The islands’ attitudes to risk, systems and compliance have really contributed to that. It’s also seen growth in the private wealth sector as more high-net-worth individuals and their families transfer their assets to the islands to be looked after in what is perceived as a trusted jurisdiction. 

In turn, growth in the alternative investment products and private wealth has also fuelled a growth in the asset servicers – the businesses looking after these funds.

We are seeing considerable activity in the asset servicing sector, with a number of big international players now headquartered in the islands, and some businesses going public.

In addition, I think we are also likely to see some forthcoming trends around digitalisation of the sector, not least because of the appeal that the islands have for some of the fintechs and digital businesses that are establishing themselves here.

How are those trends impacting and shaping the demand for different services from Deloitte?

Clearly, there will always be a demand here for assurance services such as auditing, and that is likely to continue, not least because of the islands’ reputation for providing those types of services with real quality. 

But it is absolutely true that we are also seeing growth in demand for other services, as the market continues to mature and as different types of businesses set up here. 

Merger and acquisition activity is a growing area and as that happens, then of course businesses are looking for help to ensure they have the right processes, systems and procedures in place to really ensure they get efficiencies out of the new scale they are obtaining.

Businesses are also looking for help and direction with dealing with new rules, regulations and taxes.

What does the trajectory look like for Deloitte in the Channel Islands from here? Where do you see the growth coming from, what do you see as the focus going forward, and how do you see the business developing and evolving?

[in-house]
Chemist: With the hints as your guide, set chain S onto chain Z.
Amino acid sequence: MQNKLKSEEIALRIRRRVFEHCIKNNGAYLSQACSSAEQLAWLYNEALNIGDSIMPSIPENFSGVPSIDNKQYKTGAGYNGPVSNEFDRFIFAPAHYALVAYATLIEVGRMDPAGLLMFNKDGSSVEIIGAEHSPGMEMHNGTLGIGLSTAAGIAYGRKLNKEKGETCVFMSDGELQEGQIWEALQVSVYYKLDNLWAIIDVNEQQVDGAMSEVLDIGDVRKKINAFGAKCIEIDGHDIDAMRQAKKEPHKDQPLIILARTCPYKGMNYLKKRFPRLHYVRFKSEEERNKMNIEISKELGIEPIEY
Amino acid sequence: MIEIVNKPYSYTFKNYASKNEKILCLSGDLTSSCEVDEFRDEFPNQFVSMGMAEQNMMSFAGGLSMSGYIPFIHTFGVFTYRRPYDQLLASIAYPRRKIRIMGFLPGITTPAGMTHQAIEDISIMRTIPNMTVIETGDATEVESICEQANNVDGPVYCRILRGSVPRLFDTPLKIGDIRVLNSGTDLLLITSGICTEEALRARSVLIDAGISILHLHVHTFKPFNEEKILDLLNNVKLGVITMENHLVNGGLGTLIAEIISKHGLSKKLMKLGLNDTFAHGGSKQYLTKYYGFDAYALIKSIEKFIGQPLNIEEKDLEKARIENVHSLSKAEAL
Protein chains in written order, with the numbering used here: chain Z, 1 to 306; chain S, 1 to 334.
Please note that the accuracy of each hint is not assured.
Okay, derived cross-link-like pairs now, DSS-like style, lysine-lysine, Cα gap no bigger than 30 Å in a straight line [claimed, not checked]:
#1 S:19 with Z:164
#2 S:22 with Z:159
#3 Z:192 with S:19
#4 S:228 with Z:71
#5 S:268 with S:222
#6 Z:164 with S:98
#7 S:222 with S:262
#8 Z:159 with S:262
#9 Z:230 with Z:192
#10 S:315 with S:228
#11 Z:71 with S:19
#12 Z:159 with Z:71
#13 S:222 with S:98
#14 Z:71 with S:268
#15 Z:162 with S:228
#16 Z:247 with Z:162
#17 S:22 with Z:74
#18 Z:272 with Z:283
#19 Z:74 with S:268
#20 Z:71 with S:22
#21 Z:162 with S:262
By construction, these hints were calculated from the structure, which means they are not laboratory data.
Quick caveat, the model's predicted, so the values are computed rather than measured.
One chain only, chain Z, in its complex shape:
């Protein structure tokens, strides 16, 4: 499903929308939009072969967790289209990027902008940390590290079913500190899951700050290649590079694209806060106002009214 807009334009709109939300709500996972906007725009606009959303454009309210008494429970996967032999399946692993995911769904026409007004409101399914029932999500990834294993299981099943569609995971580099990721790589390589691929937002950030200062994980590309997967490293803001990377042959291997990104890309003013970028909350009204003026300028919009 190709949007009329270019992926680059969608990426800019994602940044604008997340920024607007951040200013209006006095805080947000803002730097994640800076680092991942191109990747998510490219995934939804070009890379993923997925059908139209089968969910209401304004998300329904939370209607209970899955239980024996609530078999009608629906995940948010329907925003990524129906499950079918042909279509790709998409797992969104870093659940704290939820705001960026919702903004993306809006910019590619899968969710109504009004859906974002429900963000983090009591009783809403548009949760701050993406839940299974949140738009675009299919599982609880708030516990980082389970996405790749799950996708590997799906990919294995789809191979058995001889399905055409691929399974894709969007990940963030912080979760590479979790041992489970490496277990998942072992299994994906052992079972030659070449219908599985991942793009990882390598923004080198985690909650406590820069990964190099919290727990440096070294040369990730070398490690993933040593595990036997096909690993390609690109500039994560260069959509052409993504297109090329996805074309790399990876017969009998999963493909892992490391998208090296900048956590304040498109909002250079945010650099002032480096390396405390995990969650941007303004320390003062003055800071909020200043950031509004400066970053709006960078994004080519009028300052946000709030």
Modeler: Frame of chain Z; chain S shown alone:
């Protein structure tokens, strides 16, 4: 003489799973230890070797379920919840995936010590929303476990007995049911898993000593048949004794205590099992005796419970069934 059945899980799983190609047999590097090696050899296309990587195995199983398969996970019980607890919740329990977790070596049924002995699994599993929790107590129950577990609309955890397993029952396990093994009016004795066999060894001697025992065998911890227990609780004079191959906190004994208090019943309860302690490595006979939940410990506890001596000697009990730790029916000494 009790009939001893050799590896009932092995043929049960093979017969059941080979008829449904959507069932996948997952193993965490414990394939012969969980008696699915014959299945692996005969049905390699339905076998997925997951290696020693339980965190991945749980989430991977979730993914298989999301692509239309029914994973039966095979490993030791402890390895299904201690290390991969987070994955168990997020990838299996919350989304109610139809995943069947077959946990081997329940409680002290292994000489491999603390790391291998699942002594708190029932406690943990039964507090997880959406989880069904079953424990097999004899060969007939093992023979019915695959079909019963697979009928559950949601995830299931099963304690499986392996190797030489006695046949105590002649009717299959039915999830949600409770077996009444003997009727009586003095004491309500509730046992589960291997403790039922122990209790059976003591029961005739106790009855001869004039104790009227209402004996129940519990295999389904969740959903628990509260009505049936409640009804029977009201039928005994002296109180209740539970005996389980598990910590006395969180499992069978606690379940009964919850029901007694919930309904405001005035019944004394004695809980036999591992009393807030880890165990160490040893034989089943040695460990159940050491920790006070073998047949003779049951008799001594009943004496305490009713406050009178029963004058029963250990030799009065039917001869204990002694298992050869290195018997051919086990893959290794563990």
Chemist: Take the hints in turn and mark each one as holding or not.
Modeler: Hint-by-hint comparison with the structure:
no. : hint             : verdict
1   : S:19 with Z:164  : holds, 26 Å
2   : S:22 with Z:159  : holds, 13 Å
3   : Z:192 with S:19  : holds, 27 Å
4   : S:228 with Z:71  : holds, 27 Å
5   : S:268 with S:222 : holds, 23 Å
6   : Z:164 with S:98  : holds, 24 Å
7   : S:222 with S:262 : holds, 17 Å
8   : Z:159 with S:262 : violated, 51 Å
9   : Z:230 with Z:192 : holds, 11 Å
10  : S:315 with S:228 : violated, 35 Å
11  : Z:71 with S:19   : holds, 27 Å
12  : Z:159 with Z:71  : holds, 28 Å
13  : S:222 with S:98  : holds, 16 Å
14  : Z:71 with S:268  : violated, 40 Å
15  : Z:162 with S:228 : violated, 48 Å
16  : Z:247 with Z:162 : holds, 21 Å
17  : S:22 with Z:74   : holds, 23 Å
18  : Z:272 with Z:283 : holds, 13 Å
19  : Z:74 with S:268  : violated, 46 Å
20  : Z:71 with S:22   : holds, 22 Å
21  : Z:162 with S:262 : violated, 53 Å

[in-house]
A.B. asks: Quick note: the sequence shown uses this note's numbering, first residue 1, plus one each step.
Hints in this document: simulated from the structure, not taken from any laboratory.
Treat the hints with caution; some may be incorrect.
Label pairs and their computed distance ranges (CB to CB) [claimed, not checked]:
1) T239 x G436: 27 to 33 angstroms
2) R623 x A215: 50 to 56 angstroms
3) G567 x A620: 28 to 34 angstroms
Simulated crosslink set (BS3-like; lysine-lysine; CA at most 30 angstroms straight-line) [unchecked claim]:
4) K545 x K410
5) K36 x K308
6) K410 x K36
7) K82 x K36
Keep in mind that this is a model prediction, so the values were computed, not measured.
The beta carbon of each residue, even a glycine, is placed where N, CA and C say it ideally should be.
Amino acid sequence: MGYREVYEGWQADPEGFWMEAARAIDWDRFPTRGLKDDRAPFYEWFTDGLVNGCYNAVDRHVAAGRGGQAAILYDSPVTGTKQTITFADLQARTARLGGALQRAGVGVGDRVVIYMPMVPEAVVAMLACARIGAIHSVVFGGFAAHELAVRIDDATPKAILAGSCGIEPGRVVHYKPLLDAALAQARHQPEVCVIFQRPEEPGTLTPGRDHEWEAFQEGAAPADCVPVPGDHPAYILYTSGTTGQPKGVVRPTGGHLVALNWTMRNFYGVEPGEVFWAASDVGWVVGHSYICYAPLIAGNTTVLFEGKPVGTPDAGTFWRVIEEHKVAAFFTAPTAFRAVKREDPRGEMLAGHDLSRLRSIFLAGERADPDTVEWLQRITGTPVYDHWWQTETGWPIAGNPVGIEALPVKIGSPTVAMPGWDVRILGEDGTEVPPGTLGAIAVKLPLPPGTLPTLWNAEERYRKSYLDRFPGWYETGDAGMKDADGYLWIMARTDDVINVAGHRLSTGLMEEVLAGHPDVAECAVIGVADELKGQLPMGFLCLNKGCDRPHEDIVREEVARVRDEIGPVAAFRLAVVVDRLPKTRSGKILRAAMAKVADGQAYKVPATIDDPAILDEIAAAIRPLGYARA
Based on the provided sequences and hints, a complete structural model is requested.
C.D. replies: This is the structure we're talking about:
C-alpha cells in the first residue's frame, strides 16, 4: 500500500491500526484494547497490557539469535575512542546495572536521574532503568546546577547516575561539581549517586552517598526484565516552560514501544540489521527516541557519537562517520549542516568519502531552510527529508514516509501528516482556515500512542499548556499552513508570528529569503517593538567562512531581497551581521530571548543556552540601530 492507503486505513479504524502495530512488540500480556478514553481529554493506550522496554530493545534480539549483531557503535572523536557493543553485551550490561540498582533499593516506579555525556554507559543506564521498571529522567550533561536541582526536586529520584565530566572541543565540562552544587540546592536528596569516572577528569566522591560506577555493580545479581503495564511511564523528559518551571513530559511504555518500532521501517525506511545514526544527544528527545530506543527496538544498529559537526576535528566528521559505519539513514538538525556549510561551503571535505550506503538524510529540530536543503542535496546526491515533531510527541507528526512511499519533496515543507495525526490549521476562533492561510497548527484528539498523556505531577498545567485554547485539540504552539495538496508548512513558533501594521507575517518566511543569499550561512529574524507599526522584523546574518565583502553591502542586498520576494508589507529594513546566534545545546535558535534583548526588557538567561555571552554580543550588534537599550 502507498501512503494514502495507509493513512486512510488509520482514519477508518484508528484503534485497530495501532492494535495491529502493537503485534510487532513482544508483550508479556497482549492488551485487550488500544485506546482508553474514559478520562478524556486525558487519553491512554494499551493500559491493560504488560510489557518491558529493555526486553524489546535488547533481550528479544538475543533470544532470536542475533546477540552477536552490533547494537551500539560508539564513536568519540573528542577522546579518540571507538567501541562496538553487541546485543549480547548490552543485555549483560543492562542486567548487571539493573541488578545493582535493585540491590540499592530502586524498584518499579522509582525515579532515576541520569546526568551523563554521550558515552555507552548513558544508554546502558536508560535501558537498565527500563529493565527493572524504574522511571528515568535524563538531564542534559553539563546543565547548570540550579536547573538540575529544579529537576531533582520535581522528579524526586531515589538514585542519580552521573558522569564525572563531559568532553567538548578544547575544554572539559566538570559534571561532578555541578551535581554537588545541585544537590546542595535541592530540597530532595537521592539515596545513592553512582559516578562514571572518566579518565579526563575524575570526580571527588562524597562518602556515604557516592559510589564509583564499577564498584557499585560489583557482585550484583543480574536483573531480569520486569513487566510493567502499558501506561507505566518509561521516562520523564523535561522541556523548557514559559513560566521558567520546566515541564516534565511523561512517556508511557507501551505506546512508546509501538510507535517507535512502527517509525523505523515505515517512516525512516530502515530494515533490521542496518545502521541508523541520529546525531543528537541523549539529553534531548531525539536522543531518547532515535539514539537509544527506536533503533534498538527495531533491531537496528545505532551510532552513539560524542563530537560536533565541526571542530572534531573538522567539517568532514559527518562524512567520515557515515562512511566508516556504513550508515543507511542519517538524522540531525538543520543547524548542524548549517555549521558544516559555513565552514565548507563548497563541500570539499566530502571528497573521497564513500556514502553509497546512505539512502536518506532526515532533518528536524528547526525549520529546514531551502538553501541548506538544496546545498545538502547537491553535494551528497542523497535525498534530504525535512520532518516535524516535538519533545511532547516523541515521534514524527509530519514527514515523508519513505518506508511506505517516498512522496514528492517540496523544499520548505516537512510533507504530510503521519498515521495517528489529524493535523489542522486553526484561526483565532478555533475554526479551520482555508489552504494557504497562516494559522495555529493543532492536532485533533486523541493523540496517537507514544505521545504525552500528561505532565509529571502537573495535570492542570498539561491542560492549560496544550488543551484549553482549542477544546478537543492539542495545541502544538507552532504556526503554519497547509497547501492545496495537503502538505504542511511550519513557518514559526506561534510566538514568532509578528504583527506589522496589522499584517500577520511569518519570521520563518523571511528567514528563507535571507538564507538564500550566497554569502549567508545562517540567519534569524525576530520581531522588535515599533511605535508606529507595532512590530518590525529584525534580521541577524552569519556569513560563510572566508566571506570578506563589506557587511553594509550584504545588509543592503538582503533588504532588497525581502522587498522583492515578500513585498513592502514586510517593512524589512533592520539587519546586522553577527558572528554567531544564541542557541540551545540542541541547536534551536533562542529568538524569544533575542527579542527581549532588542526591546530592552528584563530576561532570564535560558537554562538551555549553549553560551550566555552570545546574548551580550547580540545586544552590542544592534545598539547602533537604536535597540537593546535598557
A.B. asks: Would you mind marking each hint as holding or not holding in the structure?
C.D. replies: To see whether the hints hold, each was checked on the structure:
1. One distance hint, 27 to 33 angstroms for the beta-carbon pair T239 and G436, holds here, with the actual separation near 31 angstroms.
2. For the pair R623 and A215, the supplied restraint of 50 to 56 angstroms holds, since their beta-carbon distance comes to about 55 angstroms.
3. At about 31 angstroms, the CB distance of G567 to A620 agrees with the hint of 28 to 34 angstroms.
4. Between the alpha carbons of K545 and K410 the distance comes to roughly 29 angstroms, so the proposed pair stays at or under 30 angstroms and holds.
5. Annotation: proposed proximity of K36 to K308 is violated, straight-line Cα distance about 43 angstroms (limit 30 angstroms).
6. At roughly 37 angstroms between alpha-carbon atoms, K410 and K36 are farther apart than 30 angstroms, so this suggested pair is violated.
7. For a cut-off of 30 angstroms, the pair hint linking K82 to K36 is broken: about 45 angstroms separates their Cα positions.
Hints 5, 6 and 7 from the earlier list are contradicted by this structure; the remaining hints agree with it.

In terms of the evolution of Deloitte going forward, I think it is inevitable that we will see continued digitalisation, partly because our clients are increasingly looking to work in that way and because they are looking to digitalisation to ensure they have the right processes and systems in place to be more efficient and to grow.

We will also continue to be on the front foot when it comes to supporting our clients in the evolving regulatory environment – whether that’s tax, AML, EU directives or whatever. 

In the private wealth arena specifically, I think the continued need for secure and effective management of private wealth structures means that market is likely to continue to grow as well – driven by demand for quality. 

In the private wealth and alternative investment structures, the opportunity for growth is certainly still there.

The City and the Channel Islands have a long established and strong relationship. How do you see that relationship evolving in the future?